Warrigal Greens

Back in early October I went to a council event on backyard bush foods and came away with 2 small Warrigal Green (aka Native Spinach, aka New Zealand Spinach) seedlings that made it into the upper side garden bed. This is all that’s left of those 2 seedlings (growing up along a native raspberry shoot that has sprung up from the parent plant I got at the same giveaway).

I really don’t know much about Warrigal Greens except that they’re supposed to grow all year round and be virtually a weed once established. I guess mine aren’t established 😦

I have read that you can propagate them by cuttings (or seeds, which I don’t have) so I figured I should give that a go. I first cleaned out a veggie bed by digging up a couple of old tomato plants (full of flies) and then I threw in a 1/4 bucket of cow manure. I cut the end off of my one surviving Warrigal Green plant, dipped it into a root growth liquid and put it in the bed. (I also moved a struggling basil seedling to the same bed since this bed gets plenty of sun.) I watered the cutting and will keep it moist for a couple of weeks. Time will tell if it strikes. I think that if it ever does establish itself, it will It spread vine-like and survive multiple years and probably self-propagate so I’ll be set for life. Maybe “hope” is a more accurate term than “think” in this case.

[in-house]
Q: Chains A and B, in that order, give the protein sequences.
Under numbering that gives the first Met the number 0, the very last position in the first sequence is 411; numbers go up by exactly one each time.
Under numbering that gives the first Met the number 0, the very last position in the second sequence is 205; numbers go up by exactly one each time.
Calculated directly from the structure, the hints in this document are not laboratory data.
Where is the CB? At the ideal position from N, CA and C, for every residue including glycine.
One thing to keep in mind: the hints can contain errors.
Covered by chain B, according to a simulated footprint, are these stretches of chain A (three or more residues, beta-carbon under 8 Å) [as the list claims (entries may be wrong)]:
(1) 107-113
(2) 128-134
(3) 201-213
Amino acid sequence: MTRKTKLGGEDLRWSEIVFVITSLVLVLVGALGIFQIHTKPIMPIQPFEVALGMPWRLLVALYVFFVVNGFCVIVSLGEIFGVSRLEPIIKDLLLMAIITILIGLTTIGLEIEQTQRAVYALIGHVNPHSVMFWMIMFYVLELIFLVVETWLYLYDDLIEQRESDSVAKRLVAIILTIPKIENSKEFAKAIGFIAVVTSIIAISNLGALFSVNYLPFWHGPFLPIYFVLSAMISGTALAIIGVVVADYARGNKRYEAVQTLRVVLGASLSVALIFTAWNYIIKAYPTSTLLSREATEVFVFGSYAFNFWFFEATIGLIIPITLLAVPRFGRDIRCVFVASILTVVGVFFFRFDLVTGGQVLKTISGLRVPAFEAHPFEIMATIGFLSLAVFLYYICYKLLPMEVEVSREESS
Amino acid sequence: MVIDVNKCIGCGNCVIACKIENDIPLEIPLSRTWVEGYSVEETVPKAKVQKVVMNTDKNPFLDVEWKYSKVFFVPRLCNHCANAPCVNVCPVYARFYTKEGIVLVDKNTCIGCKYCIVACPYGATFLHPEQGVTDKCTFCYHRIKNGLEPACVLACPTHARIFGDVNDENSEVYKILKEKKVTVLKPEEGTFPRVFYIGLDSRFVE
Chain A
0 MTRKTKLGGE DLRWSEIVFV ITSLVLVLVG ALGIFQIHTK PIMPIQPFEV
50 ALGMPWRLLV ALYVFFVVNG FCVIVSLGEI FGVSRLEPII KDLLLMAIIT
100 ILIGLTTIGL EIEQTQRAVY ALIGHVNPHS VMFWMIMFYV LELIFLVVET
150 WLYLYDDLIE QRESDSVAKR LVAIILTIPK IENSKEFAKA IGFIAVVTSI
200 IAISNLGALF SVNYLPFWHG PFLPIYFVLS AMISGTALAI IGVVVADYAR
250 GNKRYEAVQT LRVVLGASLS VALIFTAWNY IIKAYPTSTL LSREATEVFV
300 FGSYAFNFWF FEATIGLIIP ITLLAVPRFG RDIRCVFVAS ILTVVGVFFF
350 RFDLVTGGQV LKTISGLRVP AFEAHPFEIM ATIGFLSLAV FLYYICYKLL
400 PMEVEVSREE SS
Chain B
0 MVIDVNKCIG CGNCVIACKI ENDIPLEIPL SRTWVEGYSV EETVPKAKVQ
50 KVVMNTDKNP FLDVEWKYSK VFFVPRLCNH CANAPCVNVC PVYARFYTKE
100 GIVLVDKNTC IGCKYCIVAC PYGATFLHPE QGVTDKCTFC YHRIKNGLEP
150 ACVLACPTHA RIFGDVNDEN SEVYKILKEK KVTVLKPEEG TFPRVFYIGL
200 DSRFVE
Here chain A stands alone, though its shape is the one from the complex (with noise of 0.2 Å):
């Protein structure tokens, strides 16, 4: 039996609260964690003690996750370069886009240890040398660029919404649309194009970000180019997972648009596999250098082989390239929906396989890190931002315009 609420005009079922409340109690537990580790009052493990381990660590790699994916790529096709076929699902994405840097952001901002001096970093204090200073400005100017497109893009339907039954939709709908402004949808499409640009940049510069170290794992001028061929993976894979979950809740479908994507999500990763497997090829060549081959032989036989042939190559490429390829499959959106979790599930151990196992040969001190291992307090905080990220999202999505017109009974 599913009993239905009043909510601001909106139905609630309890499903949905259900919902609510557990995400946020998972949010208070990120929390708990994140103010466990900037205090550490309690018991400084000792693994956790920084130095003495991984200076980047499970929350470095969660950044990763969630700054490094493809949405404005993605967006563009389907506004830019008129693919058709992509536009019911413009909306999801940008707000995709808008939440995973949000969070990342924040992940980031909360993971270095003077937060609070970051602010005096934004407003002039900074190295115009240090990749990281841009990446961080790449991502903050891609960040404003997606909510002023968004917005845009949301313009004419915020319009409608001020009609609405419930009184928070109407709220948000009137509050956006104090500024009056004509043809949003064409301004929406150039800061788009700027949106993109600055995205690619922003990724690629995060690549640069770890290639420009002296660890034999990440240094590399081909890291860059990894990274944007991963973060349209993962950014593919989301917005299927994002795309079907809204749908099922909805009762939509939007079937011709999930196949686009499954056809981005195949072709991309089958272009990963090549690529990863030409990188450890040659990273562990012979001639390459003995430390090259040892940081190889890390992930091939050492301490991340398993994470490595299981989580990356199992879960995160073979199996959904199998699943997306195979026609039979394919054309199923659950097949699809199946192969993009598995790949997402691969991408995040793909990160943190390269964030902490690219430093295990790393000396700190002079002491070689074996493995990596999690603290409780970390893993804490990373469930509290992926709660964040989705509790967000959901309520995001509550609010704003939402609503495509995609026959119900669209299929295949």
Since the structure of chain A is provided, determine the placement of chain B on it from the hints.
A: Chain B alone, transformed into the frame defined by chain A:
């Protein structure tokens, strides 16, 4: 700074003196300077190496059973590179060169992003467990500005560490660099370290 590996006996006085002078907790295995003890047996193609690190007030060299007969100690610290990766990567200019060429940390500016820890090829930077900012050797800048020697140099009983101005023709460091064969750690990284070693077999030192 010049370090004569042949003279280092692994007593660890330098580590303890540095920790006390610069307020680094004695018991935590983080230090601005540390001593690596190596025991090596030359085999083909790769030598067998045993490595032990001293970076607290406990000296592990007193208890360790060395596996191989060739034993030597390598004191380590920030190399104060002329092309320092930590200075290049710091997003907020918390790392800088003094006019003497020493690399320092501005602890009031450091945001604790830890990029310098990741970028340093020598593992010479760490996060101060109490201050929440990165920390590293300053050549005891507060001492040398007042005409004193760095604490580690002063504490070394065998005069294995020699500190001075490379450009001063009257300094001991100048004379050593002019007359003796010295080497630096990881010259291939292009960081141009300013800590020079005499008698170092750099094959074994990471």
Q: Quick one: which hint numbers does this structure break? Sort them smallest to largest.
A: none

Here’s hoping!

 

Advertisements

About Laura Rittenhouse

I'm an American-Australian author, gardener and traveller. Go to my writing website: www.laurarittenhouse.com for more. If you're trying to find my gardening blog, it's here.
This entry was posted in Garden and tagged , , , , . Bookmark the permalink.

5 Responses to Warrigal Greens

  1. I tried that once, and then didn’t like the taste – might try it again. It will be good to have lots of plants so that you can pick a handful as I gather you only harvest the top couple of leaves. I will be watching to see how your experiment goes.

  2. Of course it’s almost 30 and blazing sun right now – maybe I picked the wrong week to try to strike a cutting. The poor thing is lying flat praying for a cloud. Who knows, it might pull through.

  3. Pingback: Sage & Rosemary | Laura Rittenhouse's Gardening Journal

  4. Pingback: Moving Day | Laura Rittenhouse's Gardening Journal

  5. Pingback: How To Grow Warrigal Greens |

Leave a Reply

Fill in your details below or click an icon to log in:

WordPress.com Logo

You are commenting using your WordPress.com account. Log Out / Change )

Twitter picture

You are commenting using your Twitter account. Log Out / Change )

Facebook photo

You are commenting using your Facebook account. Log Out / Change )

Google+ photo

You are commenting using your Google+ account. Log Out / Change )

Connecting to %s